For the sake of argument, I'm curious if any of the following developments exasperate others as much as they do me. Granted, I may be a bit of a “Chicken Little” when it comes to the exploits of our government, but somehow these types of things really stick in my craw. (For the benefit of the thousands of next gens who clamor for my articles, the word “craw” means throat. Try using that word in your next text.)

  • The government announced that it lost only $14 billion of taxpayers' money in its $80 billion loan to General Motors and Chrysler. The government is touting this loss as a good thing because it is only one-third of the loss originally estimated. Golly, I don't remember anyone saying that we should expect to suffer major losses from the stimulus package loans. But then this quote in The Washington Post made me feel a lot better about the whole idea. “Geithner said U.S. auto companies are now at the forefront of a comeback in American manufacturing. We cannot guarantee their success, and at some point they may stumble, but we've given them a better shot. While we will not get back all of our investments in the industry, we will recover much more than most predicted, and far sooner.” Must be another “happy juice” moment for our politicians.

  • In 2010, the government added a mere $5.3 trillion in new financial obligations, mainly for retirement programs such as Medicare and Social Security. This addition brings the total of unfunded obligations or federal debt to $61.6 trillion, which amounts to $534,000 for every household, but who's counting? Just in case you're thinking it's not all bad, consider the fact that the federal debt is only what the government owes the public and does not include what is owed to seniors, veterans and retired government employees. Since politicians at this writing are apparently incapable of balancing the federal budget, can anyone explain how they would even approach reducing, much less eliminating, our national debt?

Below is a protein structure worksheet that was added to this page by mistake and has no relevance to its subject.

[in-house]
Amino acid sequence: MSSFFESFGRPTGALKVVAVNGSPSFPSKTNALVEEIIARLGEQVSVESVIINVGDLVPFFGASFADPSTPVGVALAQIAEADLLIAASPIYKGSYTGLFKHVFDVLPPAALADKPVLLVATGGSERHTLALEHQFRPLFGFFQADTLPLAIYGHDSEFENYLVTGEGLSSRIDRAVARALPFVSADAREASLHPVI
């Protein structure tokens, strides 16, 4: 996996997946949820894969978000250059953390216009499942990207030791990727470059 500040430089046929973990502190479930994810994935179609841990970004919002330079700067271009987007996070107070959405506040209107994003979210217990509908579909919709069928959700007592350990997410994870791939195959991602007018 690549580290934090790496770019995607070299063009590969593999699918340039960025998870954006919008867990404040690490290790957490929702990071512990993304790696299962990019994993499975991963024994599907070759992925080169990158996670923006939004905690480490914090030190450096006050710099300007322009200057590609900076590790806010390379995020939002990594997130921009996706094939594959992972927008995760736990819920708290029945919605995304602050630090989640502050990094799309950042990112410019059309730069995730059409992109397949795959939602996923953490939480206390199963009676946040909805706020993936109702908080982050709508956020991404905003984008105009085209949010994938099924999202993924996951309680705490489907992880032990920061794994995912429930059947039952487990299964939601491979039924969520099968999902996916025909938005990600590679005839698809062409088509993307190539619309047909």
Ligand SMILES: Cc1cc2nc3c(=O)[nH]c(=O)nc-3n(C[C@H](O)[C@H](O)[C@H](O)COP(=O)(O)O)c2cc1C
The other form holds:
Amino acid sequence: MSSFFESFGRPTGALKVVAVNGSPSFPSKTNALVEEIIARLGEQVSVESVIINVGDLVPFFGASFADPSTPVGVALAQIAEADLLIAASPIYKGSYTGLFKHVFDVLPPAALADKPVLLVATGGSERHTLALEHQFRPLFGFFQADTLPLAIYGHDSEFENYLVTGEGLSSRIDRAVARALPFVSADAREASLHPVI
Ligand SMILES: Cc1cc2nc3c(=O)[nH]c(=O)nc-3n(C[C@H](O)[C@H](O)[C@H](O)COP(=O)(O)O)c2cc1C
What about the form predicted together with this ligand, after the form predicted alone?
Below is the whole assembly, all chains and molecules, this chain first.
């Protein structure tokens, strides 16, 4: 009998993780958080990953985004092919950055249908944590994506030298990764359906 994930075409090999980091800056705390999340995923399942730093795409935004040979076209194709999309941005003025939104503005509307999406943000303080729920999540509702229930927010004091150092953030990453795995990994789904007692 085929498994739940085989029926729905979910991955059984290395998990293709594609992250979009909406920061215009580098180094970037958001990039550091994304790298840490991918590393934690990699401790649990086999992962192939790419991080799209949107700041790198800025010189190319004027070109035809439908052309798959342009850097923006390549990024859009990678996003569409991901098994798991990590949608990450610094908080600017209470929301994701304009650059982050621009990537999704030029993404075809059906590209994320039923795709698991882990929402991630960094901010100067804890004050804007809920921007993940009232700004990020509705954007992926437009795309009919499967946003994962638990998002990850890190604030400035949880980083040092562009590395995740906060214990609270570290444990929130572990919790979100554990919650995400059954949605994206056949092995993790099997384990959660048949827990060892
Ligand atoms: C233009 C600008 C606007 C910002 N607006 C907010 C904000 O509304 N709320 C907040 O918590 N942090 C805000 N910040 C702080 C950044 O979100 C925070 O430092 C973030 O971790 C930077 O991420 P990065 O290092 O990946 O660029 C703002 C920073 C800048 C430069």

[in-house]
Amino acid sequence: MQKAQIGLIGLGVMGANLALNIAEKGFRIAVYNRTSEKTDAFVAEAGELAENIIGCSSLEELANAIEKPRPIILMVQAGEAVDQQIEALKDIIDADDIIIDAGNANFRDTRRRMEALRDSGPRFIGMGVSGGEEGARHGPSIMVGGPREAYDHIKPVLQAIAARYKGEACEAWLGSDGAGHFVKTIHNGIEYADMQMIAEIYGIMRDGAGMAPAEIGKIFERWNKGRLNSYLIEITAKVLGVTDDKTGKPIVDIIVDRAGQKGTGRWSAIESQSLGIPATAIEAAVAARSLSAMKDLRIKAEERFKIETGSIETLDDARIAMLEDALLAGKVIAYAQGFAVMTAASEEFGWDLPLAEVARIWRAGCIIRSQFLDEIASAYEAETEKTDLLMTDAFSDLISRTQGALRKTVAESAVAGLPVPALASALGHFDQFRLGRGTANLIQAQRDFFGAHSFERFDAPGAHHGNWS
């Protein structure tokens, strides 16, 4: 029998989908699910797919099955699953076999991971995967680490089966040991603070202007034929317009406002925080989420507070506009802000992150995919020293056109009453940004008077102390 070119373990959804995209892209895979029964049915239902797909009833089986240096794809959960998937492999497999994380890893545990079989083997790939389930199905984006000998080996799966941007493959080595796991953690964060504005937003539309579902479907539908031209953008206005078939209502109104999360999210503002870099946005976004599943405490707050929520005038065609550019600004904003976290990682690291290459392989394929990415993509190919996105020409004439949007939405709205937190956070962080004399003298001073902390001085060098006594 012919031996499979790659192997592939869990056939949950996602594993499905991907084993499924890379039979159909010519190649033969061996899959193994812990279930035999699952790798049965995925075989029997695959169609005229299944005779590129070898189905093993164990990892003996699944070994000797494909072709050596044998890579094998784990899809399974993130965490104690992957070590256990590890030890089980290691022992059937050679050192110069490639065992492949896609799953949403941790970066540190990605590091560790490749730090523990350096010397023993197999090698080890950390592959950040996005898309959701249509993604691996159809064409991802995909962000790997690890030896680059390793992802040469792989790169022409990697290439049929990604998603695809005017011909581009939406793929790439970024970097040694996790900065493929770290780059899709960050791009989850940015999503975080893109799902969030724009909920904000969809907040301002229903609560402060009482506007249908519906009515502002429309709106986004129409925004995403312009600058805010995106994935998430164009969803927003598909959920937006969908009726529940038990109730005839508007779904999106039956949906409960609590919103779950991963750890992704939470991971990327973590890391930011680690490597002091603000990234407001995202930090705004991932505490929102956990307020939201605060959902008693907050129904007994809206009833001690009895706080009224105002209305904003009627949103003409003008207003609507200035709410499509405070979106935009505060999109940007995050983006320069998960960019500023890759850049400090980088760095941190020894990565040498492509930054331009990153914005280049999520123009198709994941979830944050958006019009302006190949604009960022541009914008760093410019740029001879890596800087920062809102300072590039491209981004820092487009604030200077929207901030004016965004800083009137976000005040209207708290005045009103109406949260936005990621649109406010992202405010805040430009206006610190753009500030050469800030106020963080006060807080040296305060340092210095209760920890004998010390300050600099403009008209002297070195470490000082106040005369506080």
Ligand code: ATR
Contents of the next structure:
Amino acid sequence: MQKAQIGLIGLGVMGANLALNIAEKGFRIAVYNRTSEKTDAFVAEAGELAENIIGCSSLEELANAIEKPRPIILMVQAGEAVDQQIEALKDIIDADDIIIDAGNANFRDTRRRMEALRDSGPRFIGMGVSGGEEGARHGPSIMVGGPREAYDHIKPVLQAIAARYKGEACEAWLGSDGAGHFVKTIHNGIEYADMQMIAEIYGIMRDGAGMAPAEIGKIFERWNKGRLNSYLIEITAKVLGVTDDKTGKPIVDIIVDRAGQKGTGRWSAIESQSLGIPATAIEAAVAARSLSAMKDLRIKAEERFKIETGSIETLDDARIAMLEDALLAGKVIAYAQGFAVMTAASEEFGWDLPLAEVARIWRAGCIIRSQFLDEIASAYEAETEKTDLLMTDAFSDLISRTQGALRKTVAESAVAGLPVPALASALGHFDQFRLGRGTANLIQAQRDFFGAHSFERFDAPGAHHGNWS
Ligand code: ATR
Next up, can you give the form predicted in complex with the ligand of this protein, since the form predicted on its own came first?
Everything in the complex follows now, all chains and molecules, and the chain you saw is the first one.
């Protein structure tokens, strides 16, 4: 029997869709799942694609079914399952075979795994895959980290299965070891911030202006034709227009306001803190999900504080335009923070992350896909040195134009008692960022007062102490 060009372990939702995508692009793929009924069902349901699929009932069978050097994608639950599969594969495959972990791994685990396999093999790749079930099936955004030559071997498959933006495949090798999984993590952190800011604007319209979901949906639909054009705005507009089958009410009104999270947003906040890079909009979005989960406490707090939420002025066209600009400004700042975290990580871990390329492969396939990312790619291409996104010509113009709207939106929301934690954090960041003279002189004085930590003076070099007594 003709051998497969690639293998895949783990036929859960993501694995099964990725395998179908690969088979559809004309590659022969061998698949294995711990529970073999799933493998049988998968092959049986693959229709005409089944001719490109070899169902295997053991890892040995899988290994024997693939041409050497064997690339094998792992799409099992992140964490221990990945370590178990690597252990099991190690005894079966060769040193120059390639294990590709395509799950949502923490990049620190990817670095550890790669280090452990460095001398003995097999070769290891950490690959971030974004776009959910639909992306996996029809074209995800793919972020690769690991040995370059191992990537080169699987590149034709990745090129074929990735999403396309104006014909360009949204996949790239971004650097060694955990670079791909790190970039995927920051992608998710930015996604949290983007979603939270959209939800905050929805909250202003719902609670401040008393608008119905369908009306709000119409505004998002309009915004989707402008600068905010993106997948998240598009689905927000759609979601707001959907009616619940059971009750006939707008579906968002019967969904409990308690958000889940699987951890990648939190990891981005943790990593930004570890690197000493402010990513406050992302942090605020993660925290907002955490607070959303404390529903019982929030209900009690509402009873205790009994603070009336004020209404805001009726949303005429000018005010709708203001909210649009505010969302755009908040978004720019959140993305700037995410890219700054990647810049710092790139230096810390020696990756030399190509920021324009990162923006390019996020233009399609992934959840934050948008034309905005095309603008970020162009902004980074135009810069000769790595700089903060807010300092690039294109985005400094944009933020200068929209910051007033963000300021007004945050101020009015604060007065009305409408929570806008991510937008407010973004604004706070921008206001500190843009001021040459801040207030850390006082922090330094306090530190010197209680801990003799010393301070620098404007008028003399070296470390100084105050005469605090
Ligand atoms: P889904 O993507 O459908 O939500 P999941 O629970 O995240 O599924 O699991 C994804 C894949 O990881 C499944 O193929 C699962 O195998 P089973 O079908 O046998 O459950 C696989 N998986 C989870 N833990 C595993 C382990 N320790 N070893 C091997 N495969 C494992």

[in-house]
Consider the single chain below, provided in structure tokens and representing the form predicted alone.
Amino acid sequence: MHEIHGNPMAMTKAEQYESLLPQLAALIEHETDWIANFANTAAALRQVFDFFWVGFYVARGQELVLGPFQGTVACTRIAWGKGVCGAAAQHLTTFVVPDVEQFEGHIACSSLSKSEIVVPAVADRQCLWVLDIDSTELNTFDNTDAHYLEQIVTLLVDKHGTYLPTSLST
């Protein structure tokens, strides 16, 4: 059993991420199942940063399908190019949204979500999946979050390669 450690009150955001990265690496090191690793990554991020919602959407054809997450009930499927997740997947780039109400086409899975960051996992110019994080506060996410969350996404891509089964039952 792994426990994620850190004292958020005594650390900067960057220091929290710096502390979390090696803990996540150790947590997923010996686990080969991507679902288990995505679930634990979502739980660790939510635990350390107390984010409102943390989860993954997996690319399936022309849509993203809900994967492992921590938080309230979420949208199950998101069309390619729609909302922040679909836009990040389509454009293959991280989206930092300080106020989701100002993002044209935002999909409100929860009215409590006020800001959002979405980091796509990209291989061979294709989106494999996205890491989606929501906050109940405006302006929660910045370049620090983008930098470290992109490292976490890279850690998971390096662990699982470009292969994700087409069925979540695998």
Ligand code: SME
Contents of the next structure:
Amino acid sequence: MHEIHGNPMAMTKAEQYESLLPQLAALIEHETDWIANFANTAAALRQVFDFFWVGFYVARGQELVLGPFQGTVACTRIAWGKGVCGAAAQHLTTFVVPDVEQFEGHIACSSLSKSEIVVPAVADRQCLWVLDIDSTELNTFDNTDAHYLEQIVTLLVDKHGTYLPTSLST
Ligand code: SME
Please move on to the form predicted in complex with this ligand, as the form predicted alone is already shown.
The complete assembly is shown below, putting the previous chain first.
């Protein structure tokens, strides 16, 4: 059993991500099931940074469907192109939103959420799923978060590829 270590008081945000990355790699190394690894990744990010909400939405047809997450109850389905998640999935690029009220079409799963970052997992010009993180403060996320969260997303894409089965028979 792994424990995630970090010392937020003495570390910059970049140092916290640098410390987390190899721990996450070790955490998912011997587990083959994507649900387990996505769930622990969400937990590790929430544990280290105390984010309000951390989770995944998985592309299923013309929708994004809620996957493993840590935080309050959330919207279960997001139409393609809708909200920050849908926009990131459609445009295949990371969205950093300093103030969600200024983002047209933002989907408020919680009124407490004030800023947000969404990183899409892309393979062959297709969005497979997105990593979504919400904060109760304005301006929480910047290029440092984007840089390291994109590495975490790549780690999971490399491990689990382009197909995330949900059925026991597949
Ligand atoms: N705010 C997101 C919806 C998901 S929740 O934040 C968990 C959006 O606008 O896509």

• Boeing Aircraft elected to relocate a second production line of its 787 Dreamliner to a new assembly plant in South Carolina, instead of Seattle, because South Carolina is a “right-to-work” state with a law against compulsory union membership. Two months ago, the National Labor Relations Board filed a complaint against Boeing to prevent production in South Carolina, which represents the first time the federal government has interceded to tell a company where it can or cannot operate a plant in the United States. In addition, the NLRB, with the full backing of the administration, openly admits they are defending unions, which are suffering from the departure of companies to states where workers cannot be required to join a union. In my opinion, this is an unprecedented and blatant overreach on the part of the federal government against all businesses.

It seems like we are on this merry-go-round where the value of money, the significance of debt and the right to operate businesses as we see fit are slowly slipping away. Even more demoralizing is the notion that perhaps government and its problems have become so enormous and unwieldy, and our politicians so afraid or inept, that we might simply slip into an economic death spiral.

I wonder when, as a nation, we will summon the courage to elect officials who have the guts to eliminate or genuinely control entitlements, taxes and special interests. I trust we will start today.

Oh, one more thing. Take a moment to consider Representative Anthony Weiner. Is there a chance he would not have had all those social network troubles if he had had a pet caterpillar? It really helped me, as many people know.
Don Frendberg,
Chairman